This ultra-light ethereal Strawberry Angel Food Cake stands up to its angelic name. It is beyond fluffy and melts right in your mouth. I know angel food cake can stand on its own, but I love the addition of this lightly flavored cream frosting the whole thing.
I don't know, something in me just needs a topping on my angel food cake. Check out my review of Joanna Gaines's Lemon Angel Food Cake, where I made a pineapple coconut topping to put on it. That was just a little bonus recipe I threw in there when I was reviewing her whole first cookbook.
The ingredient list is super basic for an angel food cake. It is essentially flour, sugar, egg whites, and some flavoring. The key ingredient to the success of a great angel food cake is using cake flour. It is a lighter flour that produces a much more tender and airy cake. Be sure to use it instead of all-purpose flour, and sifting it is also something you want to do.
The salt and cream of tartar also play an important role in the tenderness of the cake. Vanilla extract is traditional for a little spike of flavor, but I like to bolster the strawberry flavor with some strawberry extract.
Use the JUMP TO RECIPE button at the top of the post, or scroll to the bottom of the post to see the full recipe card with ingredient measurements and instructions.
First, make the cake. Whip the egg whites, cream of tartar, and salt together till they are light and fluffy, then slowly add the sugar till they hold a peak. Then add in the sifted flour and ½ cup sugar. Beat in the extracts 1 minute longer. Fold it in gently lifting from the bottom to the top, slowly until the flour is completely worked in. Then place the cake batter into an ungreased angel food cake pan.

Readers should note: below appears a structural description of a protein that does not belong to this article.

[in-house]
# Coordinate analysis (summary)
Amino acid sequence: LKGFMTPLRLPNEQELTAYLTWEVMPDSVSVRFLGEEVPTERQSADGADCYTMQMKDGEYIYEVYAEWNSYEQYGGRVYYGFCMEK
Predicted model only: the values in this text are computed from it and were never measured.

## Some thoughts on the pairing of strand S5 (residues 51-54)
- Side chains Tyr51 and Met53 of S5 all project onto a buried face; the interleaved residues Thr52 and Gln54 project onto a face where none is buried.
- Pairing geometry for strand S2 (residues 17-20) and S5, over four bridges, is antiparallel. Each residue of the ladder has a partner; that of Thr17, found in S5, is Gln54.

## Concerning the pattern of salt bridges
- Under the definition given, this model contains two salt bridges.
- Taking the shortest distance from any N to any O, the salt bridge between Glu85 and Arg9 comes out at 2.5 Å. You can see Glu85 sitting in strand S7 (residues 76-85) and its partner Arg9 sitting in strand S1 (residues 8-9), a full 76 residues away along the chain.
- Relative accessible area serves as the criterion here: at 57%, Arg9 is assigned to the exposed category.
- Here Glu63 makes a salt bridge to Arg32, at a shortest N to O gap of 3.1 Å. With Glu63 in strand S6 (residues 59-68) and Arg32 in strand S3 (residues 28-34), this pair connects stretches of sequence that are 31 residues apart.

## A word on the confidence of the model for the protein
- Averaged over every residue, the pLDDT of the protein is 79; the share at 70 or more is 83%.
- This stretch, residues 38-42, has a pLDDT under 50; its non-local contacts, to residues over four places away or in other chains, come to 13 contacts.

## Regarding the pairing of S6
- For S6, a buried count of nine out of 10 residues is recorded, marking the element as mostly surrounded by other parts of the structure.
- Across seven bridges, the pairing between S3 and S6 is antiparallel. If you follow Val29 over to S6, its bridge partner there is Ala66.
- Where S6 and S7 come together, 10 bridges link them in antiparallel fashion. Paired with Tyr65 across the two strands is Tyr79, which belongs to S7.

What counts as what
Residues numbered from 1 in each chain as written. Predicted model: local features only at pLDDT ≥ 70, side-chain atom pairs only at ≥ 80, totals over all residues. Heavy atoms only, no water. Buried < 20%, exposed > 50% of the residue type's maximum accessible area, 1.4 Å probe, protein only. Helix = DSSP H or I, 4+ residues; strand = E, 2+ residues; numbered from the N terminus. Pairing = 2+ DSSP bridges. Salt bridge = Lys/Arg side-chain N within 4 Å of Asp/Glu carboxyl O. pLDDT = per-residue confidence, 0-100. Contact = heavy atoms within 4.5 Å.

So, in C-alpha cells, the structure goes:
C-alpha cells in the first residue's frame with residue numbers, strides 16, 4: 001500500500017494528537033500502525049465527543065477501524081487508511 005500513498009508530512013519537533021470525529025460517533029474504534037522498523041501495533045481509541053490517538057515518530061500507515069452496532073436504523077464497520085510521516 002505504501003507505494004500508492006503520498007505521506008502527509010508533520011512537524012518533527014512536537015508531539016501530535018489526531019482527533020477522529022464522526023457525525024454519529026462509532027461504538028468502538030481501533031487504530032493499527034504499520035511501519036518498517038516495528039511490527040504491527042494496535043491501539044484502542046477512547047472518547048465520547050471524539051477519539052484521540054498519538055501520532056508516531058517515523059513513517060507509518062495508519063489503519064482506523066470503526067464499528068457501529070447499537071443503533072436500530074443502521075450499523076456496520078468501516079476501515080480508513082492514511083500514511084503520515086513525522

Bake the cake till golden and a cake tester comes out clean. Then cool the cake upside down, and if your cake pan doesn't have feet, cool it on a wine bottle until completely cool.
While the cake is cooling, macerate some strawberries by dicing them up and mixing then with some sugar. Let the mixture sit till the sugar is fully dissolved and there is now a syrup in the bowl.
Whip the cream and the syrupy strawberries together until just barely thickened. Then scoop the cream on top of the unmolded and cooled cake and using an offset spatula spread it all the way over the cake, and inside the middle too.
Top with some fresh mint and whole strawberries and the cake is ready to be enjoyed.
Notes & Tips
I don't typically sift my ingredients when baking. Call me lazy if you must. But angel food cake is the ONLY time I insist on it. It really makes a big difference in this cake.
You do not grease an angel food cake pan with oil or butter. This is because the cake relies on the pan to climb up the sides, rise, and stay risen even after baking. Do not butter or line an angel food cake pan.
When removing the cake from the pan, run a knife or offset spatula around the outside and inside edge then lift the cake out. It should fall out at this point. Invert the cake and leave the baked top on the bottom and place the cake on a plate so the tapered edge is now on top.
While you can use all-purpose flour in a pinch, it is best to use cake flour to keep the cake extremely light and fluffy. After all, that is what it is known for.
You can use whole eggs and separate the whites out. But I ALWAYS use boxed egg whites when I make an angel food cake. They whip up perfectly EVERY time and I have no waste from egg yolks I don't need.
You definitely want to use the vanilla extract, but the strawberry is optional. Though I really encourage using it to add some strawberry flavor to the actual cake.